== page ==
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[log in to unmask] wrote:
>> [mailto:[log in to unmask]] On Behalf Of Matthew
> Barnett
> 
>>> Sourceforge is a place where programmers can publish their
>>> open-source projects.  You don't have to be a programmer
> though
>>> to download and use their creations.  It's no better or
> worse
>>> than trying to install commercial software.  The only caveat
>>> would be that some software is in alpha or beta stages so
> expect
>>> bugs, as if the commercial junk that's out now isn't all
> loaded
>>> with bugs.
>>>
>> The advantage, though, is that as the source is open other
> programmers 
>> can fix any bug that crops up instead of having to rely on the
> original 
>> author to fix it.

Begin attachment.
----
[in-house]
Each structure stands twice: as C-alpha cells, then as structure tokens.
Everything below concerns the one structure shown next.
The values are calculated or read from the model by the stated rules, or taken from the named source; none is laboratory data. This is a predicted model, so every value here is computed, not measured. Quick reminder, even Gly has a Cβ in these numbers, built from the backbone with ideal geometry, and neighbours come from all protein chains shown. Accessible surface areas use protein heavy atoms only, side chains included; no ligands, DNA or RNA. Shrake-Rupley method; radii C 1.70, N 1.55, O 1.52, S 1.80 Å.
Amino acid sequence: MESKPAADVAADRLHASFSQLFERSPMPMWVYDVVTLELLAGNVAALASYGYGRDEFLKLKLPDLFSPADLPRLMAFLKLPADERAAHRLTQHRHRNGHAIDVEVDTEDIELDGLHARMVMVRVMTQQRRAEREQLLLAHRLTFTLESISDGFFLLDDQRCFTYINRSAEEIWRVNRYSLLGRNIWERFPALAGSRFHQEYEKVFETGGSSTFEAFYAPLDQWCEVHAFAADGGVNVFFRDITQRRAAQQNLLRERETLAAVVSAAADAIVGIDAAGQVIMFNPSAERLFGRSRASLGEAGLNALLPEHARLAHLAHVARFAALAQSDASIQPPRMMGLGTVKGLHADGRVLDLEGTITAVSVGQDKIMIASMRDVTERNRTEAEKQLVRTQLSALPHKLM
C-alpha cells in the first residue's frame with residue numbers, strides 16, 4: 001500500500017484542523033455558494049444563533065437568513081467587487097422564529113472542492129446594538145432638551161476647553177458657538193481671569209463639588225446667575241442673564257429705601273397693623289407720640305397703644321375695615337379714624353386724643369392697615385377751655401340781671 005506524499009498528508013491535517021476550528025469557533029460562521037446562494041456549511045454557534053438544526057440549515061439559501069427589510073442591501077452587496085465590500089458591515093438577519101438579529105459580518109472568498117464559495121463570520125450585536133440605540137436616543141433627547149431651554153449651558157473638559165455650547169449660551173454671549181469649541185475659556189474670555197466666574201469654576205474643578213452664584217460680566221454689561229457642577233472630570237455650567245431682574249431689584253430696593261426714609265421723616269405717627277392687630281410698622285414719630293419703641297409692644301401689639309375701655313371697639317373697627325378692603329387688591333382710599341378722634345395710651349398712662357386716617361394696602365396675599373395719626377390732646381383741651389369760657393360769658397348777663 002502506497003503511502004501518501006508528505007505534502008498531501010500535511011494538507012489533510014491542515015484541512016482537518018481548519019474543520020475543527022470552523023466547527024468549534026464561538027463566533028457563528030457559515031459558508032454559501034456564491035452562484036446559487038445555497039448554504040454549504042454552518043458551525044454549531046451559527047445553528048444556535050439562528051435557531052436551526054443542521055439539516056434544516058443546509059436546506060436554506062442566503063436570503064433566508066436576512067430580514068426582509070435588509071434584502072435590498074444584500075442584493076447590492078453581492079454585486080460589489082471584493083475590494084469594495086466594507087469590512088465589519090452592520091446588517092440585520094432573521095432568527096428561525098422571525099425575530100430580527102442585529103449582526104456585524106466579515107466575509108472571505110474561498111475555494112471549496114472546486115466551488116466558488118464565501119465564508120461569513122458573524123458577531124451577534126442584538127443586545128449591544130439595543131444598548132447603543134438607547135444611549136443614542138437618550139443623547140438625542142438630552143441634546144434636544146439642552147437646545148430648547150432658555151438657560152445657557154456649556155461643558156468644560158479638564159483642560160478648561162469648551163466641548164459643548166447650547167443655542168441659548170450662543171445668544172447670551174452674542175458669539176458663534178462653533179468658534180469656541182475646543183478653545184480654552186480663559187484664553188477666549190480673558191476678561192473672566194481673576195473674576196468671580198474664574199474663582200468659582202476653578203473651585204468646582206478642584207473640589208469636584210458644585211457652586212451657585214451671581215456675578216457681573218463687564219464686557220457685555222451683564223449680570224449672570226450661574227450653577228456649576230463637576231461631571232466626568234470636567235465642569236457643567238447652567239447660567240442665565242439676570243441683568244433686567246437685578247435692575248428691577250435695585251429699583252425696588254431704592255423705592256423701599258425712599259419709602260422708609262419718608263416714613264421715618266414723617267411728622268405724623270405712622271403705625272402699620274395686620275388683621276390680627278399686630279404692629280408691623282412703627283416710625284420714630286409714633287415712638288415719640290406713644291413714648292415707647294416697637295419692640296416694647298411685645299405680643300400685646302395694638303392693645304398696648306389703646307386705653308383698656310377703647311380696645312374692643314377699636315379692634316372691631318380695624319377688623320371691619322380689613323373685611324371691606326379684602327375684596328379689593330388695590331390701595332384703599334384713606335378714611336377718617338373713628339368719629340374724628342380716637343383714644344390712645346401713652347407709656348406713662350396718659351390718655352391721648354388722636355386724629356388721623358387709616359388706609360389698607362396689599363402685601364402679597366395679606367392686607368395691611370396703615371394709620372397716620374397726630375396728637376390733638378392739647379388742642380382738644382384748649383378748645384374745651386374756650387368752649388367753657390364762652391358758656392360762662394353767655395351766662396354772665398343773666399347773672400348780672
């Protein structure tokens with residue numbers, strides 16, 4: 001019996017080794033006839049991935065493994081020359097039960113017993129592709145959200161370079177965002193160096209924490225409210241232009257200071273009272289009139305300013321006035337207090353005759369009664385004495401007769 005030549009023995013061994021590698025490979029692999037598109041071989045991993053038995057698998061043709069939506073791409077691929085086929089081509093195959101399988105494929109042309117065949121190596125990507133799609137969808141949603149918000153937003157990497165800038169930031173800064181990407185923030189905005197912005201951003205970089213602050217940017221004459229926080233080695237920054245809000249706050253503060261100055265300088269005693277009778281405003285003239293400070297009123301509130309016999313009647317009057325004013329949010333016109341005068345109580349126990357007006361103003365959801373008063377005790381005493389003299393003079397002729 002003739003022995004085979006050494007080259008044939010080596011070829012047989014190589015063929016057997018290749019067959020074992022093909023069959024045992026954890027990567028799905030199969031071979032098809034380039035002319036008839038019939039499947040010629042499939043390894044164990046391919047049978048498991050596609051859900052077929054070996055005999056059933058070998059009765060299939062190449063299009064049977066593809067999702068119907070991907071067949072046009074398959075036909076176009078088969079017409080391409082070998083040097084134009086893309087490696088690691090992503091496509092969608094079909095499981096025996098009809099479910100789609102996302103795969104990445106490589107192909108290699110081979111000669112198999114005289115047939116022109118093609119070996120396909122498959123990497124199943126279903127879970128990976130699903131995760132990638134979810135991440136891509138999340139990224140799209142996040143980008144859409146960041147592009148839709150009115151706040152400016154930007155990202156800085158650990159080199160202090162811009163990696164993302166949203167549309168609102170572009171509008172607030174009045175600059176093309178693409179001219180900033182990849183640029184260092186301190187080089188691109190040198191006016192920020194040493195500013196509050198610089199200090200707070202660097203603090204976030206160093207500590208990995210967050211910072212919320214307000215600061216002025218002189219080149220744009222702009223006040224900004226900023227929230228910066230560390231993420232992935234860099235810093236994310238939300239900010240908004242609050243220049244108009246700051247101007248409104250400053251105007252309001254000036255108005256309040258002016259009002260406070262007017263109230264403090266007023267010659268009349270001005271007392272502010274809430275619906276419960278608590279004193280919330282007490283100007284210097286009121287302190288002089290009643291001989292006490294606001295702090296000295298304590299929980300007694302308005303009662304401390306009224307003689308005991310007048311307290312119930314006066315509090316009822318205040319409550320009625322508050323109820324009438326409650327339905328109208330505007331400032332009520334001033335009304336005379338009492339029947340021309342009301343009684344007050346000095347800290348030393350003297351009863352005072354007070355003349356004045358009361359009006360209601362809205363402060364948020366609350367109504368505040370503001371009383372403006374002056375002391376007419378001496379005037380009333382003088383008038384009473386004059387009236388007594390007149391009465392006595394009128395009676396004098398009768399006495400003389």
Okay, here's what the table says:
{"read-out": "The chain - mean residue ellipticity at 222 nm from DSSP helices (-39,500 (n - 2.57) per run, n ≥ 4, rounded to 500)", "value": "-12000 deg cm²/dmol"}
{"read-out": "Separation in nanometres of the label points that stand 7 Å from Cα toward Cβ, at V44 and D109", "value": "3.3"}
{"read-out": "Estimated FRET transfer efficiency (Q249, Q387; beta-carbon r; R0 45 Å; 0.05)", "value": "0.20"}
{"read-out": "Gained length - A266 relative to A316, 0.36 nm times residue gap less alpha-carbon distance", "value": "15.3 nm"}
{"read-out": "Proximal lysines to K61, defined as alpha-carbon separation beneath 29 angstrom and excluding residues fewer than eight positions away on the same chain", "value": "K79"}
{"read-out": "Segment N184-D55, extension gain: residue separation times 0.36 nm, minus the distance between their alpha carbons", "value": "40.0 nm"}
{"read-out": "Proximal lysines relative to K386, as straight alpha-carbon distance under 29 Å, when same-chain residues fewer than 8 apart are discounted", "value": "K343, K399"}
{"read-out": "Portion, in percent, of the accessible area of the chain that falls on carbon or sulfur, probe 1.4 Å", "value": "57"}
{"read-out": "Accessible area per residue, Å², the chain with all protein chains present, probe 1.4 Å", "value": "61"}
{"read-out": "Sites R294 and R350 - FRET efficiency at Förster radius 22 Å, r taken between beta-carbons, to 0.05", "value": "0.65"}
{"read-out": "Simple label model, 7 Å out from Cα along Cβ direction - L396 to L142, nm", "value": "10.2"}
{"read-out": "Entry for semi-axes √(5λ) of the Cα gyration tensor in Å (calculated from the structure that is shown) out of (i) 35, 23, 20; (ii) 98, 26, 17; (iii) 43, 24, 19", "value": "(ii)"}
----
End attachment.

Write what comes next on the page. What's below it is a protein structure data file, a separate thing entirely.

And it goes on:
> 
> That can also be a disadvantage because you also have situations
> where several programmers will pick up a project and carry it
> off into several different directions.
> 
>>> BTW: My first computer was an Apple II (not even a II+) with
>>> 64K.  I had a Z80 card in it to also run CP/M software.
> CP/M
>>> was a great little OS.  Ran in 4K of memory and wasn't
> locked to
>>> a particular hardware platform.  The first version of MS-DOS
> was
>>> little more than a knockoff of CP/M, but nowhere near as
> lean.
>>  >
>> MS-DOS was based on 86-DOS (previously QDOS), which Microsoft
> bought 
>> from another company. See http://en.wikipedia.org/wiki/86-DOS.
> 
> Which was a workalike OS taken from CP/M-86, the 8086 version of
> CP/M, originally made for the 8080 but usually run on Z-80
> hardware.  It wasn't a bad idea.  At the time CP/M software was
> very popular, especially for business applications.  This OS
> meant software vendors didn't have to do much more than
> recompile their existing apps for the 8086.
> 
If you really like CP/M then you could try an emulator! :-)